Solutions: You can find the file with solutions for all questions here.

## Lambdas

### Question 1: Make your own lambdas

For each of the following expressions, write functions `f1`, `f2`, `f3`, and `f4` such that the evaluation of each expression succeeds, without causing an error. Be sure to use lambdas in your function definition instead of nested `def` statements. Each function should have a one line solution.

``````def f1():
"""
>>> f1()
3
"""
return 3

def f2():
"""
>>> f2()()
3
"""
return lambda: 3

def f3():
"""
>>> f3()(3)
3
"""
return lambda x: x

def f4():
"""
>>> f4()()(3)()
3
"""
return lambda: lambda x: lambda: x``````

Use OK to test your code:

``````python3 ok -q f1
python3 ok -q f2
python3 ok -q f3
python3 ok -q f4``````

### Question 2: Higher Order Lambdas

Return a lambda function that takes in a multiplier and returns a lambda function that given an input will return the input multiplied by the multiplier.

``````def higher_order_lambdas():
"""
Return a lambda function that takes in a multiplier and returns a lambda function that given an input will
return the input multiplied by the multiplier
>>> hol = higher_order_lambdas()
>>> doubles = hol(2)
>>> doubles(3)
6
>>> hol = higher_order_lambdas()
>>> triples = hol(3)
>>> triples(4)
12
"""
return lambda m : lambda n : m * n``````

Use OK to test your code:

``python3 ok -q higher_order_lambdas``

### Question 3: Lambdas and Currying

We can transform multiple-argument functions into a chain of single-argument, higher order functions by taking advantage of lambda expressions. This is useful when dealing with functions that take only single-argument functions. We will see some examples of these later on.

Write a function `lambda_curry2` that will curry any two argument function using lambdas. See the doctest if you're not sure what this means.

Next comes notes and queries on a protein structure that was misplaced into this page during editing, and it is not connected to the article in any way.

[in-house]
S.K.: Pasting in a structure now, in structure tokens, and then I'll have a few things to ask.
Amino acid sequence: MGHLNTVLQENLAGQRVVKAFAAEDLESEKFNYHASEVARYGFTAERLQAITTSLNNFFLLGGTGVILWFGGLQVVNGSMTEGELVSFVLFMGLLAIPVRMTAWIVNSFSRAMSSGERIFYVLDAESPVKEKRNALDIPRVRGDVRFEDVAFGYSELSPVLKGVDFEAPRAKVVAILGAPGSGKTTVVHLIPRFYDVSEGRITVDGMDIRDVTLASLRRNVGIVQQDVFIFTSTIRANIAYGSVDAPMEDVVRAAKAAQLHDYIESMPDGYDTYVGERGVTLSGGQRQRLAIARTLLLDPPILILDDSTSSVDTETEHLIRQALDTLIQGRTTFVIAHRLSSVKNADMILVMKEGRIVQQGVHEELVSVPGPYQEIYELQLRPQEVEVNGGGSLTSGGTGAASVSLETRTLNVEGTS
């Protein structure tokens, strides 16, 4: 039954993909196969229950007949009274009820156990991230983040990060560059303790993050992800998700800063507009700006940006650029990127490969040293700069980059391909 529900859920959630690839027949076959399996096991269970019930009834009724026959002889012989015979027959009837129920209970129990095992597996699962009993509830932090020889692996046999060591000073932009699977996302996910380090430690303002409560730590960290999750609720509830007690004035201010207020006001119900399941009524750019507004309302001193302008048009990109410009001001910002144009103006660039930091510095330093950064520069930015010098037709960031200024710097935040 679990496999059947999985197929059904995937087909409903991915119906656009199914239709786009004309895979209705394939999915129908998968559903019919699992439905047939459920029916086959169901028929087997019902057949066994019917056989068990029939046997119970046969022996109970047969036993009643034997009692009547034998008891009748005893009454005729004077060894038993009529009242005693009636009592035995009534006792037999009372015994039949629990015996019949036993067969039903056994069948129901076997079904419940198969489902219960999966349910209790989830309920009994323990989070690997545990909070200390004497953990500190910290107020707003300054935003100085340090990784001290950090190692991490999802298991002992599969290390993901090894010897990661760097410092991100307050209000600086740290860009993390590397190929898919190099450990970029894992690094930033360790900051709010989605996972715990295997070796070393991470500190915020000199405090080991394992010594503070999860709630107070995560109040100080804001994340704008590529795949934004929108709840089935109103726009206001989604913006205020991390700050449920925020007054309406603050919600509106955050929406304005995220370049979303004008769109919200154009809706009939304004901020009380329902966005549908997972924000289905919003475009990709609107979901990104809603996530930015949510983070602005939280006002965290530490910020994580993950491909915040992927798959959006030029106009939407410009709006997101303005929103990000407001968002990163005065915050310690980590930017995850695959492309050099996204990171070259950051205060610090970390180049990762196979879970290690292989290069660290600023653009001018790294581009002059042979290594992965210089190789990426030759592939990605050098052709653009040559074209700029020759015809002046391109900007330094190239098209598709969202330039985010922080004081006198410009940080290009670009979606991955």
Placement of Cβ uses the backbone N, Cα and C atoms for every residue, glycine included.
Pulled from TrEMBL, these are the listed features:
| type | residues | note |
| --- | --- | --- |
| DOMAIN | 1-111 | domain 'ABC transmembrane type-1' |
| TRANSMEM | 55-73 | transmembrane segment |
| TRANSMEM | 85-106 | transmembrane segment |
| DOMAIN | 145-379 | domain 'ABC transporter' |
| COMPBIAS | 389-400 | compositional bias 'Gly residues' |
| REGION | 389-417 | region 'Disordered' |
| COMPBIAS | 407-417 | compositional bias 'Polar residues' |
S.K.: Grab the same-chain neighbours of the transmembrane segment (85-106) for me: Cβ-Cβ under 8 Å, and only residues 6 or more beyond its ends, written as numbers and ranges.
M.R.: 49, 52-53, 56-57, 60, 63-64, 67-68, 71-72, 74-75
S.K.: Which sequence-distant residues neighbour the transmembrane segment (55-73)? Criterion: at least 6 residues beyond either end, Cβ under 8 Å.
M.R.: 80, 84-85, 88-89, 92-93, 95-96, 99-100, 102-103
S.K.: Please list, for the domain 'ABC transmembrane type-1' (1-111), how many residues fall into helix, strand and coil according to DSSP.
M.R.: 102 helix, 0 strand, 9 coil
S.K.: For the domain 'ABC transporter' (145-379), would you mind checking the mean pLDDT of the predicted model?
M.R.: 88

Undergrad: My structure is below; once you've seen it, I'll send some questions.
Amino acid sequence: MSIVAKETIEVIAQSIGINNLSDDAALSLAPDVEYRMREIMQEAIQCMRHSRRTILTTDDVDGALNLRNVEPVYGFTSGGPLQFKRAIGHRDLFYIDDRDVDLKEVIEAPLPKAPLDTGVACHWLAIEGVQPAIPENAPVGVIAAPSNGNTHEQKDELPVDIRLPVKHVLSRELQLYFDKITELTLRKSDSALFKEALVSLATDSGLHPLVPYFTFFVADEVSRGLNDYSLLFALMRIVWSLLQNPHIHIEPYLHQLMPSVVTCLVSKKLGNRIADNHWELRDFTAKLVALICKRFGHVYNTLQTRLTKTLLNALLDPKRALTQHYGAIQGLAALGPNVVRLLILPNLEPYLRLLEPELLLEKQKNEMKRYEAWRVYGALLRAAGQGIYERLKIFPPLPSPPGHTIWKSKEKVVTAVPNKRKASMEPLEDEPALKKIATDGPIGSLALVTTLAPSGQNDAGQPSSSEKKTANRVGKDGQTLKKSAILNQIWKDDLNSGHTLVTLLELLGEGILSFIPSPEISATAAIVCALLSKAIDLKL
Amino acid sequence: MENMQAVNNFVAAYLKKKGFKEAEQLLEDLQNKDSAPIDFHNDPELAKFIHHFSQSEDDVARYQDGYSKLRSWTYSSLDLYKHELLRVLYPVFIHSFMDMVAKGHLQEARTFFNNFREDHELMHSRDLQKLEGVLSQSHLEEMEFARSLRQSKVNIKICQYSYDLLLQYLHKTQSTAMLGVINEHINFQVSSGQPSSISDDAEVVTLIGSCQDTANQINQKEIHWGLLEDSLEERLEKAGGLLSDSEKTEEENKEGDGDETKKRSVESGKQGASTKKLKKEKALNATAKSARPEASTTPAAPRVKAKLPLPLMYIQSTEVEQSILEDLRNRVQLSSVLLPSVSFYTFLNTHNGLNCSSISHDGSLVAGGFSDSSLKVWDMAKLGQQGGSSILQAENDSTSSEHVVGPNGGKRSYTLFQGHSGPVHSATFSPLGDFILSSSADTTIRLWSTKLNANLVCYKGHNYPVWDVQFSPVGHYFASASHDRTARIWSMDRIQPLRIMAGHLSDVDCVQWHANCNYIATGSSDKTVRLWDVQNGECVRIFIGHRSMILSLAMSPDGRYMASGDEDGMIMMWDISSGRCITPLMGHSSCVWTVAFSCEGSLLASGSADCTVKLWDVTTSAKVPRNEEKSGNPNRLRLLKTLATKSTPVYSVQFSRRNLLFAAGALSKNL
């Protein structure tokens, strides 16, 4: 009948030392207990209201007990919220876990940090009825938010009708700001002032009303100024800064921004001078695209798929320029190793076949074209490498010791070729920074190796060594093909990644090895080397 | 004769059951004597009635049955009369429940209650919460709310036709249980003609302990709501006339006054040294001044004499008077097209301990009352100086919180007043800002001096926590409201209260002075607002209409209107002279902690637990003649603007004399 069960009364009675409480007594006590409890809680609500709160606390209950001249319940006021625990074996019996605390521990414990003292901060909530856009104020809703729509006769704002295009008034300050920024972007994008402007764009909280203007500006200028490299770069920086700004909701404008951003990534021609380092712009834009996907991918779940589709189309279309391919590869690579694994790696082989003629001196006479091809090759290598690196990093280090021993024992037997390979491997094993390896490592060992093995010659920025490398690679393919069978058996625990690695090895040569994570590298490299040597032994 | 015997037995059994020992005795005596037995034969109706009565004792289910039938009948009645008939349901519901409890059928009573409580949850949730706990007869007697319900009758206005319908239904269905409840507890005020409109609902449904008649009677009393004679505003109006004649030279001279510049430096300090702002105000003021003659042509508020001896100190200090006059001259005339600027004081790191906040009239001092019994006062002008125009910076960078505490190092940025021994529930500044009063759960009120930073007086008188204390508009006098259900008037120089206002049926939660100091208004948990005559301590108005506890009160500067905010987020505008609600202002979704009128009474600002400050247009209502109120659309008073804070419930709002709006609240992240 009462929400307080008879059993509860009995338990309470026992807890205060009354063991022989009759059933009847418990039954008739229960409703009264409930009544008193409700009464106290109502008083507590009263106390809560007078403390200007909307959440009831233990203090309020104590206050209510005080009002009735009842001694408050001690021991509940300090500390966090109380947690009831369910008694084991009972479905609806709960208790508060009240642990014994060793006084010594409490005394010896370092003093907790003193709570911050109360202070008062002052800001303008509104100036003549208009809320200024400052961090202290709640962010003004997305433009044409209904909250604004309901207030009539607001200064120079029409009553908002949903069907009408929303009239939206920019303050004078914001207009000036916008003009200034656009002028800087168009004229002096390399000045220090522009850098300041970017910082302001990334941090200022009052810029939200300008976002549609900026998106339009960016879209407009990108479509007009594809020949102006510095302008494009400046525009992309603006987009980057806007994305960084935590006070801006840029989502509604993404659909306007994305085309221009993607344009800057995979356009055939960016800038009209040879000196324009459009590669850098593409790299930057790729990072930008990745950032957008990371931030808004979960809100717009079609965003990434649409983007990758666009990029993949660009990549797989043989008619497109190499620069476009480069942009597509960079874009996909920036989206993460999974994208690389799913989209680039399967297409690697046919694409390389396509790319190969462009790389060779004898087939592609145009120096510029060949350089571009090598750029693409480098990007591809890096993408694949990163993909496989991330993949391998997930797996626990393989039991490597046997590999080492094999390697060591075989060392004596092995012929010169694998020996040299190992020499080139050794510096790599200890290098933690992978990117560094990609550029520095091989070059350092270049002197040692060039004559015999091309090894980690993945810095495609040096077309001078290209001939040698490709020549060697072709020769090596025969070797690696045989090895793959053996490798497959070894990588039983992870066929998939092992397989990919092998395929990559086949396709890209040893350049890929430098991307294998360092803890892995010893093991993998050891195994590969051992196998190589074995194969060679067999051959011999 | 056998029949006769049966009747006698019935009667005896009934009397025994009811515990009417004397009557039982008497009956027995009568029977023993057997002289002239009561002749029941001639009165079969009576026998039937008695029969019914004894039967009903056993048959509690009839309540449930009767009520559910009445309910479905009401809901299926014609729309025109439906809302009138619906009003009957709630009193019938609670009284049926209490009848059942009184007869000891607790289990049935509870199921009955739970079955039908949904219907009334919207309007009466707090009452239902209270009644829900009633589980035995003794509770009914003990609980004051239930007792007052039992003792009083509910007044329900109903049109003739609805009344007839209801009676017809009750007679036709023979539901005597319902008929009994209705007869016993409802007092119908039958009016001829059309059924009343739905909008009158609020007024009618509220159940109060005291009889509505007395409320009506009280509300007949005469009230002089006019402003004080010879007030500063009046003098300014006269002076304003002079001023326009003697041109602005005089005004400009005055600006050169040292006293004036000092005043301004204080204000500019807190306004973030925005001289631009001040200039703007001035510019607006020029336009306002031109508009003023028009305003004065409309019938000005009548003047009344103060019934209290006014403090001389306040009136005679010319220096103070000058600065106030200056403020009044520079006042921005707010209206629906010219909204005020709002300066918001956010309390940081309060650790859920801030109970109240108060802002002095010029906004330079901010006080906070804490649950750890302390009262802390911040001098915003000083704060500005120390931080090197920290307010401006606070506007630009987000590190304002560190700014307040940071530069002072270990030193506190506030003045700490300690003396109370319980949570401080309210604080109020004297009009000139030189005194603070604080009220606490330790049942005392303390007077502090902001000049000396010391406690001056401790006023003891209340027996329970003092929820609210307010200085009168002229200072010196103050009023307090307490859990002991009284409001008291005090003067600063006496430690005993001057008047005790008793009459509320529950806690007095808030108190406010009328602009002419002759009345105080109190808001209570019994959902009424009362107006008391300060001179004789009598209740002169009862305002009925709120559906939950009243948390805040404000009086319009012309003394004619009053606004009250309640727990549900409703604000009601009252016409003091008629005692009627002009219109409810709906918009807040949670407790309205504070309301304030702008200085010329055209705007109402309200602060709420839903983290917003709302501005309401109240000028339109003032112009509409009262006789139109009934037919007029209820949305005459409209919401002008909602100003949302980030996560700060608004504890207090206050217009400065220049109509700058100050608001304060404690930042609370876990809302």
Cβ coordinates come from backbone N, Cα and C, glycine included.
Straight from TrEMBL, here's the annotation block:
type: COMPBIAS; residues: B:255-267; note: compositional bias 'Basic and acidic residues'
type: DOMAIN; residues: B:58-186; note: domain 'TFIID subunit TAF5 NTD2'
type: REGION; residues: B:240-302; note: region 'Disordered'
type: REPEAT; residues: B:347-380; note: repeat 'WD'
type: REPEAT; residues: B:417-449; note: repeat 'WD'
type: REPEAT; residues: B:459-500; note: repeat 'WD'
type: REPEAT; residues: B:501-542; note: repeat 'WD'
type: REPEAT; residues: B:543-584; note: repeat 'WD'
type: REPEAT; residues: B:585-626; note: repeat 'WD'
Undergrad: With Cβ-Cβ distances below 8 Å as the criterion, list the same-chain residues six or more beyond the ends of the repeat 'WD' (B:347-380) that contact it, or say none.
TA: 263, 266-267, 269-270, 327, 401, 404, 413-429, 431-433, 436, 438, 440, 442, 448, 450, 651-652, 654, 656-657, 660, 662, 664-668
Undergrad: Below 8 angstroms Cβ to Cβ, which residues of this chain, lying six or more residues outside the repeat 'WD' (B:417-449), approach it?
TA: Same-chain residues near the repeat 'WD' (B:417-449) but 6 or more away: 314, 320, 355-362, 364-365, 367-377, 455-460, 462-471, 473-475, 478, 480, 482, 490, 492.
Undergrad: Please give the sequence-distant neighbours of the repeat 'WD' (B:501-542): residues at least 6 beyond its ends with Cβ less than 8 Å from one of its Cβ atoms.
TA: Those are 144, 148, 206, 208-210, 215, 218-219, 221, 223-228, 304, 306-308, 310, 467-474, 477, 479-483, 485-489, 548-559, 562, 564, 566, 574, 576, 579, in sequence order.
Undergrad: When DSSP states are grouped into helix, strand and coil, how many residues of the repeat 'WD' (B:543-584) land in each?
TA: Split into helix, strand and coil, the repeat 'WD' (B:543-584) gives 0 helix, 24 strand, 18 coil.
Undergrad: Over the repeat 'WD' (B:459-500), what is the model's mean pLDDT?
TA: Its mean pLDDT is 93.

``````def lambda_curry2(fn):
"""
Returns a Curried version of a two argument function func.
>>> y = x(3)
>>> y(5)
8
"""
return lambda arg1: lambda arg2: fn(arg1, arg2)``````

Use OK to test your code:

``python3 ok -q lambda_curry2``

## Dictionaries

### Question 4: Replace All

Given a dictionary `d`, return a new dictionary where all occurences of `x` as a value (not a key) is replaced with `y`.

``````def replace_all(d, x, y):
"""
>>> d = {'foo': 2, 'bar': 3, 'garply': 3, 'xyzzy': 99}
>>> e = replace_all(d, 3, 'poof')
>>> e == {'foo': 2, 'bar': 'poof', 'garply': 'poof', 'xyzzy': 99}
True
"""
new = {}
for key in d:
if d[key] == x:
new[key] = y
else:
new[key] = d[key]
return new``````

Use OK to test your code:

``python3 ok -q replace_all``

### Question 5: Merge Dictionaries

Implement the function `merge_dict`. The `merge_dict` function merges two dictionaries with the same keys together.

``````def merge_dict(d1, d2):
"""Returns a dictionary with two dictionaries merged together. You can assume that the same keys appear in both dictionaries.
>>> data8 = {"midterms":1, "projects":3}
>>> data100 = {"midterms":2, "projects":3}
>>> combined_exams = merge_dict(data8, data100)
>>> combined_exams
{'midterms': 3, 'projects': 6}
>>> sunday_orders = {"pizza": 3, "hot dogs": 2, "fries": 5}
>>> monday_orders = {"pizza": 1, "hot dogs": 1, "fries": 8}
>>> combined_orders = merge_dict(sunday_orders, monday_orders)
>>> combined_orders
{'pizza': 4, 'hot dogs': 3, 'fries': 13}
"""
result_dict = {}
for work in d1:
result_dict[work] = d1[work] + d2[work]
return result_dict``````

Use OK to test your code:

``python3 ok -q merge_dict``

## Submit

Make sure to submit this assignment by running:

``python3 ok --submit``